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article imageCanadian Tamils oppose proposed 'human smuggling' bill C-49 Special

By Andrew Moran     Nov 3, 2010 in World
Toronto - The Canadian federal government has proposed bill C-49, which is a piece of legislation that labels asylum-seeking as a "smuggling incident." The Tamil community is strongly against this bill, but would the bill deter those seeking refuge?
Throughout the course of 2010, there have been many Sri Lankan Tamils seeking refuge in Australia, Canada and Thailand. Sri Lanka has been dubbed the “island of tears” because of the suffering, violence and tyranny that plagues the nation.
Despite Canadian Immigration Minister Jason Kenney announcing that federal agents have developed a “robust” intelligence network that would target southeast Asian asylum groups, the federal government has introduced bill C-49, an Act to Amend the Criminal Code, that would criminalize migrants seeking refuge in Canada.
If the legislation is passed, asylum seekers who are declared as part of the “smuggling incident” can be denied essential services and fundamental rights as refugees. However, the term smuggler is not specifically defined in the bill.
Canadian Immigration Minister Jason Kenney
Canadian Immigration Minister Jason Kenney
screen capture from news video
“If passed, the Federal Government will have the ability to arbitrarily jail refugee claimants, deny permanent residency status, bar refugees from reuniting with their families in Canada, and revoke refugee status after it has been granted, amongst other draconian measures,” said National Council of Canadian Tamils (NCCT) spokesperson, Krisna Saravanamuttu. “Many of the measures in Bill C-49 contravene the 1951 Refugee Convention, the International Covenant on Civil and Political Rights, and the Convention on the Rights of the Child.”
The NCCT is urging all members of parliament to reject the bill and further the country’s “commitment to protecting human rights.” But would the bill even deter refugees?
In an e-mail to Digital Journal, the Coalition to Stop the War in Sri Lanka (CSWSL) spokesperson, Senthan Nada, provided in-depth analysis on the bill, which he agrees with to a “certain extent.”
Nada explains that bill C-49 was introduced as a response to the nearly 500 Tamils who came to Canada by boat and grabbed the attention of news media outlets around the world. He says that the bill is an attempt to appear “tough with human smugglers,” but refugees can get help from those who can arrange escape facilities: “These are the modes available to refugees to escape from persecutions.”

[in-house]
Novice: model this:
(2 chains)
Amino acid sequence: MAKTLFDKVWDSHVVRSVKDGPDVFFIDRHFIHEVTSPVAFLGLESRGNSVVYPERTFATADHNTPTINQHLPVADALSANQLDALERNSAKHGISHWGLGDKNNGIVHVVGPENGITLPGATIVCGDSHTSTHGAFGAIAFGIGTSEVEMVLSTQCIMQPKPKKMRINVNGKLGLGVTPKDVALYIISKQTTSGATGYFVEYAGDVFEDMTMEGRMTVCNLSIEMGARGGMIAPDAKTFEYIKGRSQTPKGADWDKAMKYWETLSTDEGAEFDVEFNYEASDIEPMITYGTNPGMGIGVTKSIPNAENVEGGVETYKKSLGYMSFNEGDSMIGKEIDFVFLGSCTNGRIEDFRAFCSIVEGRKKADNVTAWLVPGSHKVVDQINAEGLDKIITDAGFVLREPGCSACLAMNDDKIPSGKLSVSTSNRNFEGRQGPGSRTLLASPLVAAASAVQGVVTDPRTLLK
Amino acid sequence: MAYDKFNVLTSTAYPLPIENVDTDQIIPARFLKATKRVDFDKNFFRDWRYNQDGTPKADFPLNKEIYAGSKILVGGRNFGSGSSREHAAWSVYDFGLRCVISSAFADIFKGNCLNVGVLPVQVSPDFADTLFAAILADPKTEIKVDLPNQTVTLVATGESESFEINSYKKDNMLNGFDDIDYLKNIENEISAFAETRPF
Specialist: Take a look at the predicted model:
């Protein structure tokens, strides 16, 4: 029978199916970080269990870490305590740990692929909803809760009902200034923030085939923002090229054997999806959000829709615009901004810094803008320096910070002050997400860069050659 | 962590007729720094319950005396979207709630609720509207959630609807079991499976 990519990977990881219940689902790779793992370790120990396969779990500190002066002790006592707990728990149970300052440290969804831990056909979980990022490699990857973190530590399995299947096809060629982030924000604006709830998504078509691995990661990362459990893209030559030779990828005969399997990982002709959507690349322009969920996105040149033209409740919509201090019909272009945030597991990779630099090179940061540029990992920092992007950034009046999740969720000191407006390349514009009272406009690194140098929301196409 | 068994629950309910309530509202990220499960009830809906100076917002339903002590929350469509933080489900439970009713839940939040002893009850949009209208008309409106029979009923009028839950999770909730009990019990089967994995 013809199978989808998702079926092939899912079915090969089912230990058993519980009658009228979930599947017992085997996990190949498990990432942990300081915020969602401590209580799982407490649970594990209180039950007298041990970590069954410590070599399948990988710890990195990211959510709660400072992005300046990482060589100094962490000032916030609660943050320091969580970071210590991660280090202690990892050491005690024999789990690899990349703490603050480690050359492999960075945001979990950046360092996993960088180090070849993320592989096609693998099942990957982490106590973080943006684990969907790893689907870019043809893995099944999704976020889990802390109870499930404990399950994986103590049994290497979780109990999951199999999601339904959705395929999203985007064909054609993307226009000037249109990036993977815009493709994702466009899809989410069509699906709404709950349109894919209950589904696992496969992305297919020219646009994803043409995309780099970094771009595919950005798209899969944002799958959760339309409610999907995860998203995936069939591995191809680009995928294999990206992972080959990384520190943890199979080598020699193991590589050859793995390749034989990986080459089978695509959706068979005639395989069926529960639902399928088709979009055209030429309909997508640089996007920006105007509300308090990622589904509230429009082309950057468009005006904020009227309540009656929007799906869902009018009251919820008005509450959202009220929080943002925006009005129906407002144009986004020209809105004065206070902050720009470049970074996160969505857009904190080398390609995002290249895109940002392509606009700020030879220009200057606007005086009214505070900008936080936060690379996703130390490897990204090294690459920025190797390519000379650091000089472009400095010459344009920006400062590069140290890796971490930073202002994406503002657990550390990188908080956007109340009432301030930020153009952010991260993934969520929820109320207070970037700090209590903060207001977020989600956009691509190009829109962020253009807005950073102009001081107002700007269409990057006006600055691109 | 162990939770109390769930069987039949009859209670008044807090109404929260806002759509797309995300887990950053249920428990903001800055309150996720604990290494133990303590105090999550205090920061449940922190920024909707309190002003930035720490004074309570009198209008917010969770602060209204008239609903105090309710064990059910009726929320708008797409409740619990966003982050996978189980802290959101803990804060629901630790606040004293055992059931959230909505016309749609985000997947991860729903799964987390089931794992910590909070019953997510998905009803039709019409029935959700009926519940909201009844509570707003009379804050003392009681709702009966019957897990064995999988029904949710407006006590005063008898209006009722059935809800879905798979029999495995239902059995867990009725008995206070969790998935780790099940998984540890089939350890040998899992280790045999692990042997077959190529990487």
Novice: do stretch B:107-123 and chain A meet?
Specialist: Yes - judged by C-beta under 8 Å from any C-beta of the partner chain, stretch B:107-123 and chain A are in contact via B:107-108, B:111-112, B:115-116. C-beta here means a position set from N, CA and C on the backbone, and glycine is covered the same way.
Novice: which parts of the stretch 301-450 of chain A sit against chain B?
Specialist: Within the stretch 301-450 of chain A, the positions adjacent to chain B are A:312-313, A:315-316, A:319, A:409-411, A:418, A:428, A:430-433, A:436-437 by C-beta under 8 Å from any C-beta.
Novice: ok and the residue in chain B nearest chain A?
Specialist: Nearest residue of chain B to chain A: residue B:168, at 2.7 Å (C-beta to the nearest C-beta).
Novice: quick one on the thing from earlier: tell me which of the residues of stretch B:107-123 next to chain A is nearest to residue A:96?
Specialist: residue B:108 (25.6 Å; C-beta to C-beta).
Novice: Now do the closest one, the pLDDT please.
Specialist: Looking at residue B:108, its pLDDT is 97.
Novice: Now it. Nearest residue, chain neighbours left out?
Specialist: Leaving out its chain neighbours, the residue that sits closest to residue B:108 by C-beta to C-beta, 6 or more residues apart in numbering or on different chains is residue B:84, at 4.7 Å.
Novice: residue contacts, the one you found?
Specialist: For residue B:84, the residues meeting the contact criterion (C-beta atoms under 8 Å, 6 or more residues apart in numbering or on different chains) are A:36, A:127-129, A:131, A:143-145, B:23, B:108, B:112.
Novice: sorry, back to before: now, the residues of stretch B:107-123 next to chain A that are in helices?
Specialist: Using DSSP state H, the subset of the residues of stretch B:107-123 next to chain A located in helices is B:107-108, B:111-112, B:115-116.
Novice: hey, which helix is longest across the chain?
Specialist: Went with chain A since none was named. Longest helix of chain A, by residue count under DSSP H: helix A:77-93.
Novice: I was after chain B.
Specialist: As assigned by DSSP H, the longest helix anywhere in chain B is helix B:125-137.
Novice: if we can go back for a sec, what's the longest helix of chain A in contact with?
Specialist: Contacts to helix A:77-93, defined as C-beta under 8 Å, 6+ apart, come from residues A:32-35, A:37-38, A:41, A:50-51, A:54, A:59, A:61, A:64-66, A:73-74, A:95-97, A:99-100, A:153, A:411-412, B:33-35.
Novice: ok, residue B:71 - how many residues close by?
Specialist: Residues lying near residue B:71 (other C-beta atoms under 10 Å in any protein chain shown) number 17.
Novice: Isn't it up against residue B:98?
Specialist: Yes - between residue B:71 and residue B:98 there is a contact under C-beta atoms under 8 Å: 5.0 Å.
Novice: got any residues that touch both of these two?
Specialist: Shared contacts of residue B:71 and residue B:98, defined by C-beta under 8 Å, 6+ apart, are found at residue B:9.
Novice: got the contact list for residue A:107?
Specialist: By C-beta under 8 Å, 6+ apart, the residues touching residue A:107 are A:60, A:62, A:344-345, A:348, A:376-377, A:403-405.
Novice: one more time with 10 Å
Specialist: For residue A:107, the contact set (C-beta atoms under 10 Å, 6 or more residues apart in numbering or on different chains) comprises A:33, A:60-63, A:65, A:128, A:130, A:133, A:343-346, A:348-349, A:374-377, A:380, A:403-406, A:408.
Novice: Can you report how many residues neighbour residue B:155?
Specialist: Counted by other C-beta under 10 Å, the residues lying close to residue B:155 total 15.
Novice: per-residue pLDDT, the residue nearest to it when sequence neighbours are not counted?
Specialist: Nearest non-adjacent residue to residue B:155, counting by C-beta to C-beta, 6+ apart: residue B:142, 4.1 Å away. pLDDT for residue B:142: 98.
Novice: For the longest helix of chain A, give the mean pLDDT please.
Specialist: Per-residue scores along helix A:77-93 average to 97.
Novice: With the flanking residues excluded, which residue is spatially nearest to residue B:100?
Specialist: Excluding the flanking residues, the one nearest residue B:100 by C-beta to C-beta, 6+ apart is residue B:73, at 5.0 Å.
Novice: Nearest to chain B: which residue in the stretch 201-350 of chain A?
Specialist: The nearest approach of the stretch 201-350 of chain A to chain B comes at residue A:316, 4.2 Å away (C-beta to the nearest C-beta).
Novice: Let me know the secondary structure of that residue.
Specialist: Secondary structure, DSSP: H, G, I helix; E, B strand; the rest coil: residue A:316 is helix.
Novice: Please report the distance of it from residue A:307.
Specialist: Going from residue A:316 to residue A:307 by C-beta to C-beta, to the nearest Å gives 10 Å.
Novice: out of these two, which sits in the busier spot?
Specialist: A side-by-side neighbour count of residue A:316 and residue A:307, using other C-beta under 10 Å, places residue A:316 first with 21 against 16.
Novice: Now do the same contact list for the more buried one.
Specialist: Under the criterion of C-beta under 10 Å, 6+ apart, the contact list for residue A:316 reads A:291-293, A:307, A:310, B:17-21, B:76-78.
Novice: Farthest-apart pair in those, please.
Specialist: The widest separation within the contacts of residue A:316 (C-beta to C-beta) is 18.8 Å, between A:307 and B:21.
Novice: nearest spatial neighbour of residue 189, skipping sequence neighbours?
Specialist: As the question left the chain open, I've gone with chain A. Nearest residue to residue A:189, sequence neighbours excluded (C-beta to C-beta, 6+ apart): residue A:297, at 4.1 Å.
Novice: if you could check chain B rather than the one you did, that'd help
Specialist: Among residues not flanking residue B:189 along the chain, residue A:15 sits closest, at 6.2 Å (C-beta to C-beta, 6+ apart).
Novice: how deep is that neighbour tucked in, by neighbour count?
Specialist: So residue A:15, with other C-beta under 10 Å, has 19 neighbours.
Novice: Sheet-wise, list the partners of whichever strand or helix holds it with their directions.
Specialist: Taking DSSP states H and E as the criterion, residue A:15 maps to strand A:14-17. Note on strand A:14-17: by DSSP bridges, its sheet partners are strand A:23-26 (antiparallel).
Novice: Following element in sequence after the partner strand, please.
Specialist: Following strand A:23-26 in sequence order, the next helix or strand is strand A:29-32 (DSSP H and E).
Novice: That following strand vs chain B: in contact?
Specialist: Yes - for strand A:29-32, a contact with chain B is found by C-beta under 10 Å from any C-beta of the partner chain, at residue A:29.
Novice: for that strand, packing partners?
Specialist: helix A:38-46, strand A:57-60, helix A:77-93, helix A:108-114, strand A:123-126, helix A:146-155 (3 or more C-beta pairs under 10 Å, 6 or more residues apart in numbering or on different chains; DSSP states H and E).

“The bill also allows the government to detain any refugees who lands in Canada for up to twelve months without reviews,” said Nada. “There are no provisions made in the bill for the women or children who might come to our country seeking compassion, kindness, and protection in our country in the basis of well founded fear for their lives in their home countries. As I understand the bill also limit the refugees’ ability to appeal against the decision made by the Refugees board.”
The CSWSL spokesperson believes Canada must work with “civilized countries” in order to address Sri Lanka’s alleged war crimes and human rights violations, which were directed by the nation’s political and military leadership.
Canadian Tamils rally in front of the Sri Lankan Consulate in Toronto.
Canadian Tamils rally in front of the Sri Lankan Consulate in Toronto.
Furthermore, Sri Lanka, says Nada, persists in violating international humanitarian and human rights laws and the “perpetration of unlawful acts” against Tamil citizens, including academics, human rights activists, journalists and aid workers.
“Canada has an obligation to protect these people. It is worthwhile to note that, U.N. adopted in 2005, the Responsibility to Protect (R2P) doctrine to save these global citizens who are facing extermination and genocide from their own governments.”
So far the only political organization to officially speak out against the bill is the Green Party of Canada. Last week, the political party issued a press release where they urged MPs to reject bill C-49 “in its current form.”
“This Bill reveals a government trying to evade the basic constitutional principle of the rule of law. It must not be allowed to do so,” said party leader, Elizabeth May.
More about Tamils, Refugees, Bill c-49
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